DOHA: Imagine a world where recycled materials become lasting and inspirational works of art, sporting culture in the form of art is displayed in the vicinity of the new venues and dismantled old stadiums retain their memories.
That is the world of renowned Chinese contemporary artist Xu Bing, who was in Qatar recently and saw countless opportunities on the construction sites across Qatar, including those of the proposed host venues for the 2022 FIFA World Cup Qatar™.
“My art works actually have a lot to do with debris and recycled materials. Most people neglect these things, however to use recycled materials from, for example, Al Rayyan Stadium to make new things is a very interesting concept,” he told www.sc.qa.
The artist stressed that “the recycled materials from Al Rayyan Stadium are not only materials; they are also the memories of Qatari culture and sports. With the use of those materials we can deliver a message with a very profound meaning which is so familiar to the Qatar community.” The SC has committed to a minimum 90% reduction in waste from Al Rayyan Stadium deconstruction reaching landfills.
Renowned for his work with recycled materials, Bing currently resides in Beijing, where he serves as the president of the Central Academy of Fine Arts and is well-known for his print-making skills and installation pieces, as well as his creative artistic use of language, words and text.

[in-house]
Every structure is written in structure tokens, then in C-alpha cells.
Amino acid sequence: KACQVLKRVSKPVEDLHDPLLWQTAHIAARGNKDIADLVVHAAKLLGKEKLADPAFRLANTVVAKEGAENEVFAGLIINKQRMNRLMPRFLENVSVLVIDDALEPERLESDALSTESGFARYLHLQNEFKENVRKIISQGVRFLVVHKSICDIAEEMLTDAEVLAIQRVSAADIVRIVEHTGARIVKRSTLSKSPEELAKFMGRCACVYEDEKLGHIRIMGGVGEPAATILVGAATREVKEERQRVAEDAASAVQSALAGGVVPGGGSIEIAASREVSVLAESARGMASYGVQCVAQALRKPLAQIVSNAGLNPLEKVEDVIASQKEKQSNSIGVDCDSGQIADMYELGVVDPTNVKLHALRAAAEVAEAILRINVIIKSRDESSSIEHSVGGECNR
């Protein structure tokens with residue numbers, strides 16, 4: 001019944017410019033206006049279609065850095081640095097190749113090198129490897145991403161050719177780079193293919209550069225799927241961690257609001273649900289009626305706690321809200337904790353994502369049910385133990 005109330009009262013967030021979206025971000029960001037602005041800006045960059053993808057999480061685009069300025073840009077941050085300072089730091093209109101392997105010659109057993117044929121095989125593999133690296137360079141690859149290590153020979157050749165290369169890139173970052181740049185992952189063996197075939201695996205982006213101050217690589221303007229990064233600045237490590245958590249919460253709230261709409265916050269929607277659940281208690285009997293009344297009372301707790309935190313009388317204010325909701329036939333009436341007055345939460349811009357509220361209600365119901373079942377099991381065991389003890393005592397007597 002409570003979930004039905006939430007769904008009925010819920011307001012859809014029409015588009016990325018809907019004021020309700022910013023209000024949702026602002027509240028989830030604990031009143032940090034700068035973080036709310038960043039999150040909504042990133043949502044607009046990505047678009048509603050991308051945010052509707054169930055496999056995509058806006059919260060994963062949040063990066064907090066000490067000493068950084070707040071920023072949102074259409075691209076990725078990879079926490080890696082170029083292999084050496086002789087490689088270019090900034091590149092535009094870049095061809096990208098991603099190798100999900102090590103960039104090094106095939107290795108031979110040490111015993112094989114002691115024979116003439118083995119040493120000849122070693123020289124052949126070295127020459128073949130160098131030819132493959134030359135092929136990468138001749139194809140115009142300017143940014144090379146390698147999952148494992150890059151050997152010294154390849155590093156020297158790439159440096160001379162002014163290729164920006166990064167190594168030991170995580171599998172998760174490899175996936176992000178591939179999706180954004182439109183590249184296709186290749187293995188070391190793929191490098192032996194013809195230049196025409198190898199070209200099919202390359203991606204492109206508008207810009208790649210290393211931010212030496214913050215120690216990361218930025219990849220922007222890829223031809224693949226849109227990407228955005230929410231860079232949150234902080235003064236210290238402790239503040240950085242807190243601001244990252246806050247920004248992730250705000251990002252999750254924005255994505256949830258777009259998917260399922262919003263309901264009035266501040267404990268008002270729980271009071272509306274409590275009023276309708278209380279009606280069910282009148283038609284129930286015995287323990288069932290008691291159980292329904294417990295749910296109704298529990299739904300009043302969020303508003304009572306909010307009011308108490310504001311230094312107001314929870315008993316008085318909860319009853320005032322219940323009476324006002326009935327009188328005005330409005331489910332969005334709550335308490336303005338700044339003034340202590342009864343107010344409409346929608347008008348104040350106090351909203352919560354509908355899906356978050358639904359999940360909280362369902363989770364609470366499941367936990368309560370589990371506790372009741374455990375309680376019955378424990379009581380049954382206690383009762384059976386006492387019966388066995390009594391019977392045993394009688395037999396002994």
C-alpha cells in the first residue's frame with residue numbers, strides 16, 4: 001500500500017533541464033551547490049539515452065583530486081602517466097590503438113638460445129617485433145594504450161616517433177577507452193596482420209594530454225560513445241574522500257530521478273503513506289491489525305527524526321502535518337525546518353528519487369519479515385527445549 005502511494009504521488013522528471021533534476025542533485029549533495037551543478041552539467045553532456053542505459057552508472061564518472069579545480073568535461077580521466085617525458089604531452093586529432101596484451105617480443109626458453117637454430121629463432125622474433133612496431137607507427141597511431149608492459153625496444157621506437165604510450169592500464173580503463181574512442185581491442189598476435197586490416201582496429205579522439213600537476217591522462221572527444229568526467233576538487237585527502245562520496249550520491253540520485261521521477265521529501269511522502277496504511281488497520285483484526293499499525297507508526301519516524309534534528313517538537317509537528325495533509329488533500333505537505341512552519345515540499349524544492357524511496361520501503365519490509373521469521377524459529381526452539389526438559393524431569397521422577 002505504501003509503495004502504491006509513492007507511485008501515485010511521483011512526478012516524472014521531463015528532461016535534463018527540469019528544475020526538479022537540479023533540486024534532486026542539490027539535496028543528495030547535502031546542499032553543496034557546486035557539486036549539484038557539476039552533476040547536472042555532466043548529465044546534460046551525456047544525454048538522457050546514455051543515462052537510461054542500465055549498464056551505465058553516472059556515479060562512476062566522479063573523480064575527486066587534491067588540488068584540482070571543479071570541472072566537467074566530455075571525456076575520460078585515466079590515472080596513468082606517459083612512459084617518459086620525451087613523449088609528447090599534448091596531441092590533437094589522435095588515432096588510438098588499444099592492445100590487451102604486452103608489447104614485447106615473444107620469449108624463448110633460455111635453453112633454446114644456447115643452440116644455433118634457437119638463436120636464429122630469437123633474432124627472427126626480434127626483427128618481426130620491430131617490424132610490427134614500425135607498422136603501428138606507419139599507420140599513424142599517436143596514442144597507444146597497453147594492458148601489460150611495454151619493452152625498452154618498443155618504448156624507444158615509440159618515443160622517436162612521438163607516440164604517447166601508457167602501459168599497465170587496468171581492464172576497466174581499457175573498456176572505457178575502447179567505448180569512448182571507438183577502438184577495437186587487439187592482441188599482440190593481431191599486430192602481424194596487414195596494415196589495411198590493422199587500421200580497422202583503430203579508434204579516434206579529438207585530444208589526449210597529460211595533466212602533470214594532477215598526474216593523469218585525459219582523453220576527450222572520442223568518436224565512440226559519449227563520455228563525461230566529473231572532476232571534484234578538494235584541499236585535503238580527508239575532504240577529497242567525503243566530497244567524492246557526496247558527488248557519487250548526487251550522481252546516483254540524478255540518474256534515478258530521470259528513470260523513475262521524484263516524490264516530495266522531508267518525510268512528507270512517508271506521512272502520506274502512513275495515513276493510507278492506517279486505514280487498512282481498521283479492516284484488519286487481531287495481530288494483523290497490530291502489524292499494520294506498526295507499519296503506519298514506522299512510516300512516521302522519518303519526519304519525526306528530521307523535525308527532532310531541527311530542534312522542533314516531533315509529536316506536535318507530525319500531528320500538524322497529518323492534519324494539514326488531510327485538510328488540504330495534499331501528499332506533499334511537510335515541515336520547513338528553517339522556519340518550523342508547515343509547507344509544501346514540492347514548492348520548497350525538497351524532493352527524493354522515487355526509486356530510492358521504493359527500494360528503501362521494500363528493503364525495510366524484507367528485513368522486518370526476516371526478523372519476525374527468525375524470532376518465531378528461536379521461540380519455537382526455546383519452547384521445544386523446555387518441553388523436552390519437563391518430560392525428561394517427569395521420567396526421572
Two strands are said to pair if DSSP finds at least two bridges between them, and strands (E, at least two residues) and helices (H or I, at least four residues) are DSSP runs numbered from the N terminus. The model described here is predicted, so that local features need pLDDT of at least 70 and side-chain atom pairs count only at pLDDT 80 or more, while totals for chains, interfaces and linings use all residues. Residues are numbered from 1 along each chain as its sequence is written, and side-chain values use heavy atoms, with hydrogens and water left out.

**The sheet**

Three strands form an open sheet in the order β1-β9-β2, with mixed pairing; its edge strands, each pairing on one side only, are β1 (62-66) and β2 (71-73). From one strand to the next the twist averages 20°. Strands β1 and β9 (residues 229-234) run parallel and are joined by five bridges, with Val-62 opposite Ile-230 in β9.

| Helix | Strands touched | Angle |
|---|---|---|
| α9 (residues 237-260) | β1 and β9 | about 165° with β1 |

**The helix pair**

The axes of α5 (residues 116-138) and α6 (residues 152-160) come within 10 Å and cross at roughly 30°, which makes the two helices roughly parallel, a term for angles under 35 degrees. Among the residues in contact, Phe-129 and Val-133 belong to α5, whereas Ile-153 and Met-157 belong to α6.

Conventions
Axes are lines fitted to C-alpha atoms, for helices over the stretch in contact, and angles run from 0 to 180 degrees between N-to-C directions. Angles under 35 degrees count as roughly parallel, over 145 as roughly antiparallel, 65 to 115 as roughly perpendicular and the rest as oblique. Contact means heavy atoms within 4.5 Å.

“I would like to do a piece which is inspired by football and reflects the Qatari and Islamic cultures,” he said during a visit to the Supreme Committee for Delivery & Legacy (SC).
During his stopover in Qatar, the artist learned about the SC’s plans for the 2022 FIFA World Cup Qatar™ and visited the Al Rayyan Stadium construction site and the place where all the materials from the old stadium are kept until they are reutilised. The SC is currently in discussions with Bing about how he can lend his expertise to the stadium art programmes.
Nasser Al Khater, SC Executive Director of Communications and Marketing, also met with the artist during his visit and said: “We are placing a key emphasis on the sustainability of all our projects. The use of recycled materials from our stadiums opens the door to many possibilities in art. We are exploring new ways to use recycled debris and ultimately express our passion for football and our vision hosting the world’s greatest football tournament.”
The Chinese artist, who also visited numerous museums and heritage sites across the country, added that he saw similarities between the Qatari and Chinese cultures: “The people of Qatar also have a very profound relationship with nature. Qatar is also a country with a lot of energy and I feel like it can absorb the essence of a lot of cultures, resulting in something world class as well as contemporary.”
Bing also had a chance to engage with students at Virginia Commonwealth University in Qatar (VCU-Q). “I really enjoy working with students, it helps me realise that every generation has their own qualities and this makes me understand the limits of my own,” he admitted.
Students of VCU in the United States had the privilege of working with Bing on one of his most popular works, Tobacco. The artist explained that what inspired him in this case was a visit to Durham, North Carolina: “The entire town smelled like cigarettes, plus they have a well-known clinic specialising in cancer.”
Students asked Bing for tips for aspiring young artists who lack resources, time and money. His response was clear: “Adapt your limitations into something only you have, which is unique only to you, and make full use of it”.
Bing also visited Al Riwaq Gallery at the Museum of Islamic Art and met with Jean Paul Engelen, Director of Public Art Programmes, to see the exhibition about the Brazil-Qatar year of culture ahead of the China-Qatar Year of Culture 2016.